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abstract = "Background: After penicillins, cephalosporins are the betalactams that most often induce IgE-mediated reactions. The development of diagnostic tests has been delayed, however, because the cephalosporin allergenic determinants have not been properly identified. Objective: To evaluate the usefulness of skin tests, serum specific IgE assays, and challenges in diagnosing immediate reactions to cephalosporins and to clarify the pathogenic mechanism of such reactions. Methods: We studied 76 adults with immediate reactions to cephalosporins, mainly ceftriaxone, cefotaxime, and ceftazidime. Skin tests and serum specific IgE assays were performed for culprit cephalosporins and cefaclor, as well as for penicillin, amoxicillin, and ampicillin. Some subjects with negative results underwent challenges and re-evaluations. Responses to cephalosporins other than the culprit ones were also studied. Results: In the first allergologic work-up, an IgE-mediated hypersensitivity to penicillins and/or cephalosporins was diagnosed in 63 (82.9{\%}) of the 76 patients on the basis of skin-test and/or specific IgE assay positivity. Of the 13 negative patients, eight accepted challenges and underwent re-evaluations. Considering both first- and second-evaluation results, the skin-test-positivity rate increased from 76.3{\%} to 85.5{\%} and that of sepharose-radioimmunoassay positivity from 67.1{\%} to 74.3{\%}. Overall, an IgE-mediated hypersensitivity was diagnosed in 70 patients (in seven after retesting). On the basis of skin-test and CAP-FEIA results, we classified our 76 patients into five groups: group A (three patients), positive only to penicillin reagents; B (17), positive to both cephalosporin and penicillin reagents; C (24), positive to more than one cephalosporin; D (21), positive only to the responsible cephalosporin; E (11) negative to skin tests and CAP-FEIA, including five sepharose-radioimmunoassay positive. Conclusions: Most immediate reactions to cephalosporins appear to be IgE-mediated. Cephalosporin skin testing and sepharose-radioimmunoassay are useful tools for evaluating these reactions. Cephalosporin IgE-mediated hypersensitivity may be a transient condition; therefore, allergologic exams should be repeated in patients with negative initial allergologic work-ups, including challenges.",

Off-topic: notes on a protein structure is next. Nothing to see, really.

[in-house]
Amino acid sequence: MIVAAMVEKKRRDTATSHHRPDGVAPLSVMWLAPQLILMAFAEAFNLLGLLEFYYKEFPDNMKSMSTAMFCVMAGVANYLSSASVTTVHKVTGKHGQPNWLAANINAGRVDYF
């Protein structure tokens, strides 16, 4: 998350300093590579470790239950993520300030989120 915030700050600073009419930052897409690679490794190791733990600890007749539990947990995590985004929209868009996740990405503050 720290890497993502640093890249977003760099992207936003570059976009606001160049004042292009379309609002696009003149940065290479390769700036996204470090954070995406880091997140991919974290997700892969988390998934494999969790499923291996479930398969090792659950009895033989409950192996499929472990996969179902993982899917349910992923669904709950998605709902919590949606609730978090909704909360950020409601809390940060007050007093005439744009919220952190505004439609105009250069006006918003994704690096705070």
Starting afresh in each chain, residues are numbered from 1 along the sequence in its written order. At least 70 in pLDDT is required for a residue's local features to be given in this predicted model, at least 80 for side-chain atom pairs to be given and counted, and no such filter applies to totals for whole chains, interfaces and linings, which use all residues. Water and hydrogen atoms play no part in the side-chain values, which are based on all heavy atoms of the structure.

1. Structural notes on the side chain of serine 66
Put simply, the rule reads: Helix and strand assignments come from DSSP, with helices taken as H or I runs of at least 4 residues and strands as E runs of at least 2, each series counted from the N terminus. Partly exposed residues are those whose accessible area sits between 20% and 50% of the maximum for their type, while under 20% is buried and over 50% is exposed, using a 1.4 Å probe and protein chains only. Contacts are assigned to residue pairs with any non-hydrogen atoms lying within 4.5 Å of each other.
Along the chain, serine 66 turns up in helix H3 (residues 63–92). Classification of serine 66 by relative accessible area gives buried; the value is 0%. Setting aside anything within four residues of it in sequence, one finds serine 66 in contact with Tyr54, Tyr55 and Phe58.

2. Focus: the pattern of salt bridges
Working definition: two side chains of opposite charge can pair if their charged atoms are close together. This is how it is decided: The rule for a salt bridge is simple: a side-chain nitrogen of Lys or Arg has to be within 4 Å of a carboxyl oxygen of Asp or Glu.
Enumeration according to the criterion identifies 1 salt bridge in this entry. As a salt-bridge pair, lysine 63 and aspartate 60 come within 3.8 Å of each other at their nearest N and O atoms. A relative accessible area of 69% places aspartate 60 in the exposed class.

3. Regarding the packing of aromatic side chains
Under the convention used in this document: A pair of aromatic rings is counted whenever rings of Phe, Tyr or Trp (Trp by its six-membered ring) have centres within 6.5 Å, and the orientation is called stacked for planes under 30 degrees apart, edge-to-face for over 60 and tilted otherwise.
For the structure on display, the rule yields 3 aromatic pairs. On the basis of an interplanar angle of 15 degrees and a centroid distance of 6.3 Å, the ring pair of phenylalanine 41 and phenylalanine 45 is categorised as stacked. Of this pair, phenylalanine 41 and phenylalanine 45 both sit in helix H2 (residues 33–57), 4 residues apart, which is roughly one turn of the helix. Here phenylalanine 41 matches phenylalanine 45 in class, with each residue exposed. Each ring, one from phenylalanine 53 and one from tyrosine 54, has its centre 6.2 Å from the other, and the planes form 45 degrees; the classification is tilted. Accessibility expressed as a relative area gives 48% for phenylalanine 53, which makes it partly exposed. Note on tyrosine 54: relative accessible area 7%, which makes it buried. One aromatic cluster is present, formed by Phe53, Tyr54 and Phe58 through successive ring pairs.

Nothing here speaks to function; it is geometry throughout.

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AU - Romano, A.